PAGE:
• On the Setup Role page, select “SQL Server Feature Installation”, and then click “Next” to continue to the Feature Selection page.

27-bts-2013-r2-sql-server-2014-setup-role

  • On the Feature Selection page, select the following features, and then click “Next”
    • Database Engine Services
      • SQL Server Replication
      • Full-Text and Semantic Extractions for Search
    • Analysis Services
    • Reporting Services – Native
    • Shared Features
      • SQL Server Data Tools
      • Client Tools Connectivity
      • Integration Services
      • Management Tools – Basic
        • Management Tools – Complete

29-bts-2013-r2-sql-server-2014-feature-selection-1

29-bts-2013-r2-sql-server-2014-feature-selection

  • On the Feature Rules page, Setup verifies the system state of your computer before Setup continues. The Feature Rules page will automatically advance if all rules pass. Otherwise review the information and resolve any issues, and then click “Next” to continue.

30-bts-2013-r2-sql-server-2014-Feature-Rules

  • On the Instance Configuration page, select “Default instance”, leave the rest of the default values, and then click “Next” to continue.

31-bts-2013-r2-sql-server-2014-instance-configuration

  • On the Server Configuration page, you can specify login accounts for each SQL Server services. You can assign the same login account to all SQL Server services, or you can configure each service account individually. You can also specify whether services start automatically, are started manually, or are disabled (Microsoft recommends that you configure service accounts individually to provide least privileges for each service).
    • Leave the default login account to all SQL Server services
    • Configure all of them with the startup type: “Automatic”
    • And then click “Next”

32-bts-2013-r2-sql-server-2014-server-configuration

  • On the Database Engine Configuration page, select “Windows authentication mode”, click “Add Current User”, and then click “Next”
    • Authentication Mode: Select “Windows authentication mode”. If you select Mixed Mode Authentication, you must provide a strong password for the built-in SQL Server system administrator account.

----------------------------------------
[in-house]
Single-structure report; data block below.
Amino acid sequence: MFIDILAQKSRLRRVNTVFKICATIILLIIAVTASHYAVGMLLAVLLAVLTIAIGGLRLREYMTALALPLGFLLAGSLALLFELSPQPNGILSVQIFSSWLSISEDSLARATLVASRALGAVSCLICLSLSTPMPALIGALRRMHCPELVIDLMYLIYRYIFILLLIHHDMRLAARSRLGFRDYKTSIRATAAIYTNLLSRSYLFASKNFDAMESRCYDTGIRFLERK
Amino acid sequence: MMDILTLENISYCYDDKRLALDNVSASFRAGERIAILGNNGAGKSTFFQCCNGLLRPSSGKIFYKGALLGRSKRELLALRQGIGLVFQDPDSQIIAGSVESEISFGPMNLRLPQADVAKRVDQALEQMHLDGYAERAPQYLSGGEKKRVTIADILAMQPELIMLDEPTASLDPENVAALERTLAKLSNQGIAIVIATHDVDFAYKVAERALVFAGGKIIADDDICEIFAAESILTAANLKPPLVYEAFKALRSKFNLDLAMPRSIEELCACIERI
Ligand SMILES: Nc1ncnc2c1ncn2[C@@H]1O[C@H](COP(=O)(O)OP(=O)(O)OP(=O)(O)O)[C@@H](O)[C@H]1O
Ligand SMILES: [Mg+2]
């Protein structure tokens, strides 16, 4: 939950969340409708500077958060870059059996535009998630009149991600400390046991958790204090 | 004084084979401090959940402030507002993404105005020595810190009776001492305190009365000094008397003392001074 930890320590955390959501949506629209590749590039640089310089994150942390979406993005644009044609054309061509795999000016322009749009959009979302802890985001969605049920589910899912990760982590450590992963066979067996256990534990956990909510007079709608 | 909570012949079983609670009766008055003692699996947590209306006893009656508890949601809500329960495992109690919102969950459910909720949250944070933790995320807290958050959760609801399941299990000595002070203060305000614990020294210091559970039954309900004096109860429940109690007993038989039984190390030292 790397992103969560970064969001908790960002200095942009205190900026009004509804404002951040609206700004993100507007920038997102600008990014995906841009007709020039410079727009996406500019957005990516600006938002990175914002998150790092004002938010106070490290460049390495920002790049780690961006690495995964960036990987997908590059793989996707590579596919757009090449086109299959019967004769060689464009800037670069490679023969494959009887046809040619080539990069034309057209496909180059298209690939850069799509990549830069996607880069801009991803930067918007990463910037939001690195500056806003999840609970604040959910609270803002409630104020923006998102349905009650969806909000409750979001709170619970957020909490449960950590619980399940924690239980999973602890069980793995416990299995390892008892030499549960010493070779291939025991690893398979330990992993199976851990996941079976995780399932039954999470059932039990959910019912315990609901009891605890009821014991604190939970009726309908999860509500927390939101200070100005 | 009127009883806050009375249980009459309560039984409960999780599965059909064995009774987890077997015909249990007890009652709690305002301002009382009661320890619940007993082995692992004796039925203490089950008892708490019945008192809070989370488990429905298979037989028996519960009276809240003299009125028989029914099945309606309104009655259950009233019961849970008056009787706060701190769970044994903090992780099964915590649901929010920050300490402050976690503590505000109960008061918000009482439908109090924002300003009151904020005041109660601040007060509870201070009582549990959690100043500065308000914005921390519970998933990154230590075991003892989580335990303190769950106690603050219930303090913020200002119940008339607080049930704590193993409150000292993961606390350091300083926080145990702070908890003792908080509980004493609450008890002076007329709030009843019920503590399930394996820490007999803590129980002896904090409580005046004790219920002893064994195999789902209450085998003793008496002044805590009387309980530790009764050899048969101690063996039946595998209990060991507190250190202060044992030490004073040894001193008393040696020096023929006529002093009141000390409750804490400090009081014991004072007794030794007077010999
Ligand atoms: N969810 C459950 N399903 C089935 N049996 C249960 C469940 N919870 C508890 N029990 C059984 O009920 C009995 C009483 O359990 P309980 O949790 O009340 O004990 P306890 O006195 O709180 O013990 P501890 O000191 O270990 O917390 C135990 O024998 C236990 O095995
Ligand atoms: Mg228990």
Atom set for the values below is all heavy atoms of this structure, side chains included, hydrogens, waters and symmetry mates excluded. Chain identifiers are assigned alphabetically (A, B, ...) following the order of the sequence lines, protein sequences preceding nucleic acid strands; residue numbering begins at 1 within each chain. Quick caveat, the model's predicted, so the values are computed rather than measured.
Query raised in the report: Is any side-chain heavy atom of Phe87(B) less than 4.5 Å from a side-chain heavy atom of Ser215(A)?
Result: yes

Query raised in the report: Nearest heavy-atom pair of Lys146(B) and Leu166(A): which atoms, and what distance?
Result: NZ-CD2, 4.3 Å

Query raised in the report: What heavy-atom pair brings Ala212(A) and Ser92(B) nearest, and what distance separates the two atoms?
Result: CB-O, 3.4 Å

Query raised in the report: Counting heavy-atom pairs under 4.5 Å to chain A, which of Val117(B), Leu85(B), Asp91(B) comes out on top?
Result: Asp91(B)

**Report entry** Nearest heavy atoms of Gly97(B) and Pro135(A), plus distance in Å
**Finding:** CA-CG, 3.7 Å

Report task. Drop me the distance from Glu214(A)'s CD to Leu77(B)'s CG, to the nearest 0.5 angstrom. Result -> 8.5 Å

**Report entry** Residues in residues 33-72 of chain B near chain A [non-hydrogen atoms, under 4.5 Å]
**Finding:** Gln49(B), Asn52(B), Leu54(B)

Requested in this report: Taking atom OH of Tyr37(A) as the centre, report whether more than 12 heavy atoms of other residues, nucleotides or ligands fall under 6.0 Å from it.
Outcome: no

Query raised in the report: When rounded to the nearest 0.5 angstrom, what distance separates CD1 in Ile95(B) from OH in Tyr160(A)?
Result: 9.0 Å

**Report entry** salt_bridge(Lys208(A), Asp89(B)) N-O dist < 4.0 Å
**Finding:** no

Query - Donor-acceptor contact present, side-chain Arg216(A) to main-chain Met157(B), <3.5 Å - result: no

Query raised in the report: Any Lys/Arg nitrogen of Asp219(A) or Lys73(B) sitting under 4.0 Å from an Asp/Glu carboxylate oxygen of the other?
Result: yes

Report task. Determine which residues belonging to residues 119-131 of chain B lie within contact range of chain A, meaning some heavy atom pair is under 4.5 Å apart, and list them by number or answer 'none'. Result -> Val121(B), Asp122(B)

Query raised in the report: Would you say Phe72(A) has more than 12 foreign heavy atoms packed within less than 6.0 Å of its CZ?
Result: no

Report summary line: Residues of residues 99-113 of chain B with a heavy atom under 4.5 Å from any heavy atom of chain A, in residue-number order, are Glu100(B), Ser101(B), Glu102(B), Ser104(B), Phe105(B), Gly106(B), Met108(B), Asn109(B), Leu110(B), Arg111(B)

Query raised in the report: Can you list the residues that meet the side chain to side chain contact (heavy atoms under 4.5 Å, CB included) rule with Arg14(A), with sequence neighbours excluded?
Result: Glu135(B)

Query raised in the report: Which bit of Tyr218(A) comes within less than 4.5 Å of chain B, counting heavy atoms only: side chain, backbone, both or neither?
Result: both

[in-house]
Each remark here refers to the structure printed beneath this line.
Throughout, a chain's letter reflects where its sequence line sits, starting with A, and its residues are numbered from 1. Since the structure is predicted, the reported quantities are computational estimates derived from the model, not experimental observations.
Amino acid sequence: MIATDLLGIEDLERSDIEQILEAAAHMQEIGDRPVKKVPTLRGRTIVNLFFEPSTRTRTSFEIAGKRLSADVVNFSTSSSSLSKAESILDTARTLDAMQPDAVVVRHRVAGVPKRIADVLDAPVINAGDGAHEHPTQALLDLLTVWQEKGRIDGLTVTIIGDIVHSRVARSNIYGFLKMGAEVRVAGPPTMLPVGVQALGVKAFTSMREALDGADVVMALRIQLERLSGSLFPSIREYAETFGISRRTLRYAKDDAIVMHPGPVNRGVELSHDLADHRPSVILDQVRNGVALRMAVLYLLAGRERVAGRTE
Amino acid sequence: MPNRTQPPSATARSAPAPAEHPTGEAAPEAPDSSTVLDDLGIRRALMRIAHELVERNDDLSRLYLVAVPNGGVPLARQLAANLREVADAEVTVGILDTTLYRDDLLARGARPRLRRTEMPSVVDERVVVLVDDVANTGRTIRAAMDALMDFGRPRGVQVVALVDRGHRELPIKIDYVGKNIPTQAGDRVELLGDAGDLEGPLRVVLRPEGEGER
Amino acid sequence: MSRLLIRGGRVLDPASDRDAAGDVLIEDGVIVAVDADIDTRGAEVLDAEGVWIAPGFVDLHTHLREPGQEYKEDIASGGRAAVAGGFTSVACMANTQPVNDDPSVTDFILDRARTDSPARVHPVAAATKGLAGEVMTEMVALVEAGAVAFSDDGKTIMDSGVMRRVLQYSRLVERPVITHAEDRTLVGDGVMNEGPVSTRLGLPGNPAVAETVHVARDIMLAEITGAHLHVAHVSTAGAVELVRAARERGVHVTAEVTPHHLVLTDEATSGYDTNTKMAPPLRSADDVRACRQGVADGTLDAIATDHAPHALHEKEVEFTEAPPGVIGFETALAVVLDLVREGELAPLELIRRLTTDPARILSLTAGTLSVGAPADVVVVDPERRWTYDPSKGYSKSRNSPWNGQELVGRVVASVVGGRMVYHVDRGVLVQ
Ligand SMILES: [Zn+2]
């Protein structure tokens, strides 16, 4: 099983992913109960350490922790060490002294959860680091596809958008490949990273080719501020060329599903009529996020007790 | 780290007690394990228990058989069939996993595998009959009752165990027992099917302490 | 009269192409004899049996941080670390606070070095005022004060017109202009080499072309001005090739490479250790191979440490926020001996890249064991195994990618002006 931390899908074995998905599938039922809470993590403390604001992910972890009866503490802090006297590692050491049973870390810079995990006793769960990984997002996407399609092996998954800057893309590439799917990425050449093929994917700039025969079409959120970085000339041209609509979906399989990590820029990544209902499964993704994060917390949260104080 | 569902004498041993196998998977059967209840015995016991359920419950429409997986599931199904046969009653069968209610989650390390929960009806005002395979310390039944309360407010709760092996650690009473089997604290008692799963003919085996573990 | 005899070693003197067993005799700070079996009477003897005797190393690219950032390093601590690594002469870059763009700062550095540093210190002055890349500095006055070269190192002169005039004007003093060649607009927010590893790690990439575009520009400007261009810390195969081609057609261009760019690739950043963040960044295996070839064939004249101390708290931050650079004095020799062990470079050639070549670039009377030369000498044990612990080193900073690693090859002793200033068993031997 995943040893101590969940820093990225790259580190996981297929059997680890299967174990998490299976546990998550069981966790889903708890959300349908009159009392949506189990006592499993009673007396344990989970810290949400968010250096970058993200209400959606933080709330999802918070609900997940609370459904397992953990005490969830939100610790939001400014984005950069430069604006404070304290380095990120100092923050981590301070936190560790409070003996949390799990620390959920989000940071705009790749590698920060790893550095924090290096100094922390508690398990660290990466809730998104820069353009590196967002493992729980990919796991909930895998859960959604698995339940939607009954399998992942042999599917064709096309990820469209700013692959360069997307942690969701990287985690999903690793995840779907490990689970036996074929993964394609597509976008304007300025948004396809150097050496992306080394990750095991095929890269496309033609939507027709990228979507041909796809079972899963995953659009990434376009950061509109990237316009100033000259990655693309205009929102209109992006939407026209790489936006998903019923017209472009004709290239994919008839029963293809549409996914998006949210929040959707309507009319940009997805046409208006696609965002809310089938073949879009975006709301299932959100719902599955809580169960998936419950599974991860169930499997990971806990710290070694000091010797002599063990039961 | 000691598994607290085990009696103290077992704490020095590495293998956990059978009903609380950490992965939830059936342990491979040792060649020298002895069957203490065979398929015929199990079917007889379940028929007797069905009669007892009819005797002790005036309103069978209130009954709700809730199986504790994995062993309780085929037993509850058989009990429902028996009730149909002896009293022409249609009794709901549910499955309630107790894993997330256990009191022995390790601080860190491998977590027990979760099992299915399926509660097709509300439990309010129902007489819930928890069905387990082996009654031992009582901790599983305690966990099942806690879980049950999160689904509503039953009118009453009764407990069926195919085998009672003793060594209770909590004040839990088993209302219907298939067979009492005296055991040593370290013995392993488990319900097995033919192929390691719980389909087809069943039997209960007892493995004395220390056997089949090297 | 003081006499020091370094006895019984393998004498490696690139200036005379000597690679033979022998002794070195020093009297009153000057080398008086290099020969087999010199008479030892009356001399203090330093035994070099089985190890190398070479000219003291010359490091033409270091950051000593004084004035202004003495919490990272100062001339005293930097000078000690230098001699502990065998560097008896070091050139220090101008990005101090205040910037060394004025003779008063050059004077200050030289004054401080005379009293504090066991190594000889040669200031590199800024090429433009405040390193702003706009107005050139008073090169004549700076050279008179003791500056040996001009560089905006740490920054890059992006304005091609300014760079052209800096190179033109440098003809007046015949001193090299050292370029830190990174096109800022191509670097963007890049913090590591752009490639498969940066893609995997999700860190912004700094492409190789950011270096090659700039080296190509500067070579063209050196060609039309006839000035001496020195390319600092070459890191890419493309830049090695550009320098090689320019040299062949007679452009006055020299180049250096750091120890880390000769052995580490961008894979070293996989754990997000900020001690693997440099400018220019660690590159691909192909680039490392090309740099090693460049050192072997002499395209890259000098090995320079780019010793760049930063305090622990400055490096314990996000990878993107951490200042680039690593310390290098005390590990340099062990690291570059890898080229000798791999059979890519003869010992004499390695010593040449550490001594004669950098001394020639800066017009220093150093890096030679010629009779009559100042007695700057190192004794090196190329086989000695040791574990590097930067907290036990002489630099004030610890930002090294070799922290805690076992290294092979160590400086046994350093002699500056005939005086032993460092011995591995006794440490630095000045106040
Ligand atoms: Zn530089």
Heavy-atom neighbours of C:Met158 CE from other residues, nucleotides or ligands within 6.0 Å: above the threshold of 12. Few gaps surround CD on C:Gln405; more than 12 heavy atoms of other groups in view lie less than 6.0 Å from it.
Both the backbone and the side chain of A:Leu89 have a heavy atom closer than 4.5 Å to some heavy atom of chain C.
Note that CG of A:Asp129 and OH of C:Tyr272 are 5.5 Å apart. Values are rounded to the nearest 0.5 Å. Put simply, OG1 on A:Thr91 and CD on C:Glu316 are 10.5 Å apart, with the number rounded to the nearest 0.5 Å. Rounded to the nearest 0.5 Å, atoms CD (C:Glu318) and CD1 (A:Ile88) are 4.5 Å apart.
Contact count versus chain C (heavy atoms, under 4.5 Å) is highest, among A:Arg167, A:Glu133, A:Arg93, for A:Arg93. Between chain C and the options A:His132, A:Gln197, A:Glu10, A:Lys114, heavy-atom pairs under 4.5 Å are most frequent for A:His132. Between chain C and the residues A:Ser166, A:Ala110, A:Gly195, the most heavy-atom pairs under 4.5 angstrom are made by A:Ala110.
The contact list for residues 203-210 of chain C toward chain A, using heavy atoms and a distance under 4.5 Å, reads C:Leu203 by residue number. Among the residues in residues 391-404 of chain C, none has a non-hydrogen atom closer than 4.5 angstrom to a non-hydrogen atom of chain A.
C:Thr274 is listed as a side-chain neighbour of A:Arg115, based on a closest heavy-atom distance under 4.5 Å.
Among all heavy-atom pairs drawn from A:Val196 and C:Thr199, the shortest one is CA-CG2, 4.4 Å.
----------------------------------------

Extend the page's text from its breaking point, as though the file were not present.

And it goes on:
• Specify SQL Server administrators: You must specify at least one system administrator for the instance of SQL Server. To add the account under which SQL Server Setup is running, click “Add Current User”

33-bts-2013-r2-sql-server-2014-database-engine-configuration

  • On the Analysis Services Configuration page, select “Multidimensional and Data mining Mode”, click “Add Current User”, and then click “Next”
    • Server Mode: Select “Multidimensional and Data mining Mode”. Server mode determines which memory and storage subsystems are used on the server. If you plan to run multidimensional cube databases on the server, choose the default option, Multidimensional and Data Mining server mode.
    • Specify which users have administrative permissions for Analysis Services: you must specify at least one system administrator for Analysis Services. To add the account under which SQL Server Setup is running, click Add Current User.

34-bts-2013-r2-sql-server-2014-analysis-services-configuration

  • On the Reporting Services Configuration page, select “Install and configure”, and then click “Next” to continue.

35-bts-2013-r2-sql-server-2014-reporting-services-configuration

  • On the Feature Configuration Rules page, this is another steep to checks if everything is fine, setup will automatically advance to the next page if all rules pass. Otherwise review the information and resolve any issues, and then click “Next”

36-bts-2013-r2-sql-server-2014-Feature-Configuration-Rules

  • On the Ready to Install page, review the information, and then click “Install”

37-bts-2013-r2-sql-server-2014-Ready-to-Install

  • On the Complete page, click “Close”

39-bts-2013-r2-sql-server-2014-complete

Note: Once again, after this installation, I like to do a Windows update, this step is not necessary.

Related links

BizTalk is shipped out with a total of 13 SQL Agent jobs. Experienced BizTalk professionals know that all the BizTalk SQL Server Agent jobs except the MessageBox_Message_Cleanup_BizTalkMsgBoxDb job should be enabled and running successfully. Besides this job the other jobs should not be disabled!

However one of the most common and important tools to resolve problems that happens in BizTalk Server is the BizTalk Terminator tool (you can know more about this tool here). Terminator provides the easiest way to resolve most of these issues identified by the Monitor BizTalk Server Job.

Nevertheless, before running the Terminator tool, you must always make sure that:

  • you have a BizTalk Backup of your databases
  • all the BizTalk hosts instances have been stopped,
  • and all BizTalk SQL Agent jobs have been disabled.

Unfortunately, through SQL Server Management Studio console there is no easy way to disable or enable all jobs, forcing us to go one on one to disable or enable them.

disable-BizTalk-SQL-Server-Agent-jobs

This query will disable all the BizTalk SQL Server Agent jobs (including the MessageBox_Message_Cleanup_BizTalkMsgBoxDb):

update msdb.dbo.sysjobs set [enabled] = 0 where [name] = 'Backup BizTalk Server (BizTalkMgmtDb)'
update msdb.dbo.sysjobs set [enabled] = 0 where [name] = 'CleanupBTFExpiredEntriesJob_BizTalkMgmtDb'
update msdb.dbo.sysjobs set [enabled] = 0 where [name] = 'DTA Purge and Archive (BizTalkDTADb)'
...
update msdb.dbo.sysjobs set [enabled] = 0 where [name] = 'TrackedMessages_Copy_BizTalkMsgBoxDb'
update msdb.dbo.sysjobs set [enabled] = 0 where [name] = 'MessageBox_Message_Cleanup_BizTalkMsgBoxDb'

After all the task are complete we need of course to enable and start everything. This query will enable all the BizTalk SQL Server Agent jobs (with the exception of MessageBox_Message_Cleanup_BizTalkMsgBoxDb):

update msdb.dbo.sysjobs set [enabled] = 1 where [name] = 'Backup BizTalk Server (BizTalkMgmtDb)'
update msdb.dbo.sysjobs set [enabled] = 1 where [name] = 'CleanupBTFExpiredEntriesJob_BizTalkMgmtDb'